The NetTVwatch team has a love-hate relationship with Bloodline, the three-season thriller that recently wrapped up on Netflix. The arc of the story was like a Pat Conroy novel, slowly revealing the deep, dark secrets and tragic lives of a Southern family. We liked the plot, the setting, the actors, the slow simmering suspense and unease. But, the pace was, at times, way to slow, with entire episodes where nothing of consequence happened. Bloodline tightened up the editing back in season 2, but many of the events and character’s actions didn’t ring true.
Bloodline season 3 is the best of the series. It still has problems – more on that below – but there are big events, such as Kevin killing Marco, Kevin’s relationship with Roy Gilbert, and John’s ongoing guilt and coverup, that have to get resolved, to some extent, by the time this third and final season ends.
The first few episodes deal mostly with the aftermath of Kevin killing Marco, John deciding not to run away forever, and Meg deciding exactly the opposite. All three characters are slightly more likable this season or maybe we’re just used to their misdeeds and are wondering what will happen. Kevin, who gets a lot of screen time this season, continues to make bad decisions, often on a whim, and John continues to brood.
The primary question though, as always, is whether others will discover that John killed Danny or whether it can remain a close-knit secret, known by a few, suspected by a few more.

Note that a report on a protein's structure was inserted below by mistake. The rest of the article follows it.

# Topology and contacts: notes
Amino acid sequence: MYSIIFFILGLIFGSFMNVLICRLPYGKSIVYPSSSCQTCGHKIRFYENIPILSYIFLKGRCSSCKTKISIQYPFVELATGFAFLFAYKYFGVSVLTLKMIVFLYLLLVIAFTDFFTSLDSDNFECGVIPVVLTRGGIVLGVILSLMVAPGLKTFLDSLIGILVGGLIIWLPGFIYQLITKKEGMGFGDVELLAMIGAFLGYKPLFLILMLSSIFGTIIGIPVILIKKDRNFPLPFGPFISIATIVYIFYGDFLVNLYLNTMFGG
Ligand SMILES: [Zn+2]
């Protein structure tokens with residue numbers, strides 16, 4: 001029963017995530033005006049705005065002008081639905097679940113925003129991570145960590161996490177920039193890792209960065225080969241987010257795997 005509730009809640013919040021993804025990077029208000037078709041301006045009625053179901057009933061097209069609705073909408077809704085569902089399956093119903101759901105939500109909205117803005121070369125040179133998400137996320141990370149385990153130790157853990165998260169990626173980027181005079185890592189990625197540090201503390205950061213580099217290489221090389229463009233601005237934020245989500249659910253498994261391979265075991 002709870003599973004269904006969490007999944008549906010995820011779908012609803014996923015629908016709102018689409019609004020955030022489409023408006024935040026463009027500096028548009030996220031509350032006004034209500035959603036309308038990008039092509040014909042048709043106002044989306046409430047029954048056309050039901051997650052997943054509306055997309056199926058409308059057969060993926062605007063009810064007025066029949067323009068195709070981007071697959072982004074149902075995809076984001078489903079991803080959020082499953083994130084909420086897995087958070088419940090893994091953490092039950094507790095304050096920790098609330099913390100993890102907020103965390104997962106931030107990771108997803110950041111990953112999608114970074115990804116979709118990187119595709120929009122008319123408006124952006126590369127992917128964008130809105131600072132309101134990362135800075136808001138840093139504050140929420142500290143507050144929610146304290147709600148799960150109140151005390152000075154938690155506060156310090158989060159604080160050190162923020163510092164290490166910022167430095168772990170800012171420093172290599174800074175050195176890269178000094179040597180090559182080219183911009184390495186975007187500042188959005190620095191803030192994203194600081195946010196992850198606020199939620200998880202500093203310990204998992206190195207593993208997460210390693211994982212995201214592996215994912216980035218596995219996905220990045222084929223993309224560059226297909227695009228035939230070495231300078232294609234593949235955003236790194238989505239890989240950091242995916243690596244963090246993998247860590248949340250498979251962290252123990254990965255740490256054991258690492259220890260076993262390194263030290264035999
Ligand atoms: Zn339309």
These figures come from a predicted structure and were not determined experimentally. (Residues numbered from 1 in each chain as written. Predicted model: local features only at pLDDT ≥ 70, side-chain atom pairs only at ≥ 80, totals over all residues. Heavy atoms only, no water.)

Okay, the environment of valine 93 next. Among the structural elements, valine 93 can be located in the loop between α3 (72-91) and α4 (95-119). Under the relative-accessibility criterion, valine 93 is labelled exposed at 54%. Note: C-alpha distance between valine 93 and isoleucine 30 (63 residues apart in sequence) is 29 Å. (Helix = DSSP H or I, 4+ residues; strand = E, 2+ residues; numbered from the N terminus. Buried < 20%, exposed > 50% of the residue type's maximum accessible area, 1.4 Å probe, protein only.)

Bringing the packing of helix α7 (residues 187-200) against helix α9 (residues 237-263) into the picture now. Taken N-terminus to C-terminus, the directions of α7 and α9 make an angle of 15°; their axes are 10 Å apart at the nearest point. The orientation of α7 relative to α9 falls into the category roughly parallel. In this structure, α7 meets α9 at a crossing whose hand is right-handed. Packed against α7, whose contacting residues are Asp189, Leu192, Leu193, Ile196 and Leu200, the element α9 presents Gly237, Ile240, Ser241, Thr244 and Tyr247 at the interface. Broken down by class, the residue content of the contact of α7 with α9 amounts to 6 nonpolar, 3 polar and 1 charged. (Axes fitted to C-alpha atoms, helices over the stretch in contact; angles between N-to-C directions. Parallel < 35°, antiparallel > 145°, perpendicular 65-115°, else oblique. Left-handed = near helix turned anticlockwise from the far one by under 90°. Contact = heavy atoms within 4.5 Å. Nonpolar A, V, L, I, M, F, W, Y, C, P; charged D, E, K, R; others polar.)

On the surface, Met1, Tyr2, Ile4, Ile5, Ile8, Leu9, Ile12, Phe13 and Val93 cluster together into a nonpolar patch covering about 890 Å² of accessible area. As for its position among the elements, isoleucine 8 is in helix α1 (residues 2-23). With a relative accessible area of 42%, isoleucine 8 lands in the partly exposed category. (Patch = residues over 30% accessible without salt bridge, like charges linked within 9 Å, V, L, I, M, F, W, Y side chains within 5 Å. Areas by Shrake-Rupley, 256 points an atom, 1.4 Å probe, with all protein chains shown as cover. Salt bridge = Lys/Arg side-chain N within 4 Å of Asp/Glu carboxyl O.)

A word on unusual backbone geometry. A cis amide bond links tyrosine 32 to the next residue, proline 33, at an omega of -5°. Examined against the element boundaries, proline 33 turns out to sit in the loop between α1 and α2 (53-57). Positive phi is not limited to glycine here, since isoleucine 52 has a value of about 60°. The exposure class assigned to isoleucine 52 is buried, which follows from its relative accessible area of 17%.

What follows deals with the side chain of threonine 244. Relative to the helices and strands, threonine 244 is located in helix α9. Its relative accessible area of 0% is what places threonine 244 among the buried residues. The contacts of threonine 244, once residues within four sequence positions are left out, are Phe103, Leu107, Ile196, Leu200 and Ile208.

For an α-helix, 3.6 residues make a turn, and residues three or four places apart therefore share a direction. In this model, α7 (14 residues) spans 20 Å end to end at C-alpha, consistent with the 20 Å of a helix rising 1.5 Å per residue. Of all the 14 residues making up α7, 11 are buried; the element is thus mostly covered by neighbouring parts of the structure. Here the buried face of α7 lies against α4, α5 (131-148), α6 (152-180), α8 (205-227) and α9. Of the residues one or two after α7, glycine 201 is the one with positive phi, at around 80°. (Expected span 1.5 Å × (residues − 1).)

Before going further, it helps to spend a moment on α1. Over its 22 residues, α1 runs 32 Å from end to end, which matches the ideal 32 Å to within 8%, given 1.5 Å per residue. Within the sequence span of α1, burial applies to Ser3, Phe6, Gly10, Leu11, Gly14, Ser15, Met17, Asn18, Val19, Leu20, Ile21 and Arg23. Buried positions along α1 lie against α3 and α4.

The series went astray in the last two episodes. Many events were just ticking off the necessary boxes to tie things up. Episode 9 meandered on a single theme for far too long. Unlike some reviewers though, we are okay with ambiguity in series’ finales. As messy and complicated as the Rayburn family was, expect that not everything will fit into a neatly wrapped box.
Bloodline season 3 postscript
Warning – spoilers ahead!
Given all he went through, it’s understandable that John has a break with reality. However, we didn’t need 50 minutes of various scenarios and alternate realities to tell that story. This episode really seemed out of sync with the rest of the series. It was a time waster before the final episode.
The reappearance of Danny, even as a vision, added a needed jolt toward the end. Unfortunately, the buzz generated by Danny wore off soon. Like the rest of John’s break, less would have been more. Ozzy had Danny-like qualities, but his story led nowhere. Nolan never quite clicked for us. The writers seemed unsure about his status and role this season. Fortunately, the final scene was more about John than Nolan.
We were expecting bigger secrets at the end. We knew Sally was hiding something, but an affair with Roy wasn’t a surprise by then, and the stabbing story didn’t have much to it. Was Beth (a minor character everyone had forgotten about) Robert’s daughter? Was John Roy’s son? Maybe it was hinted at enough that they thought it didn’t need to be answered directly.
Despite our complaints, this was the first season of Bloodline that we felt compelled to binge watch almost all the way through.
Feel free to add your thoughts and interpretations in the comments below.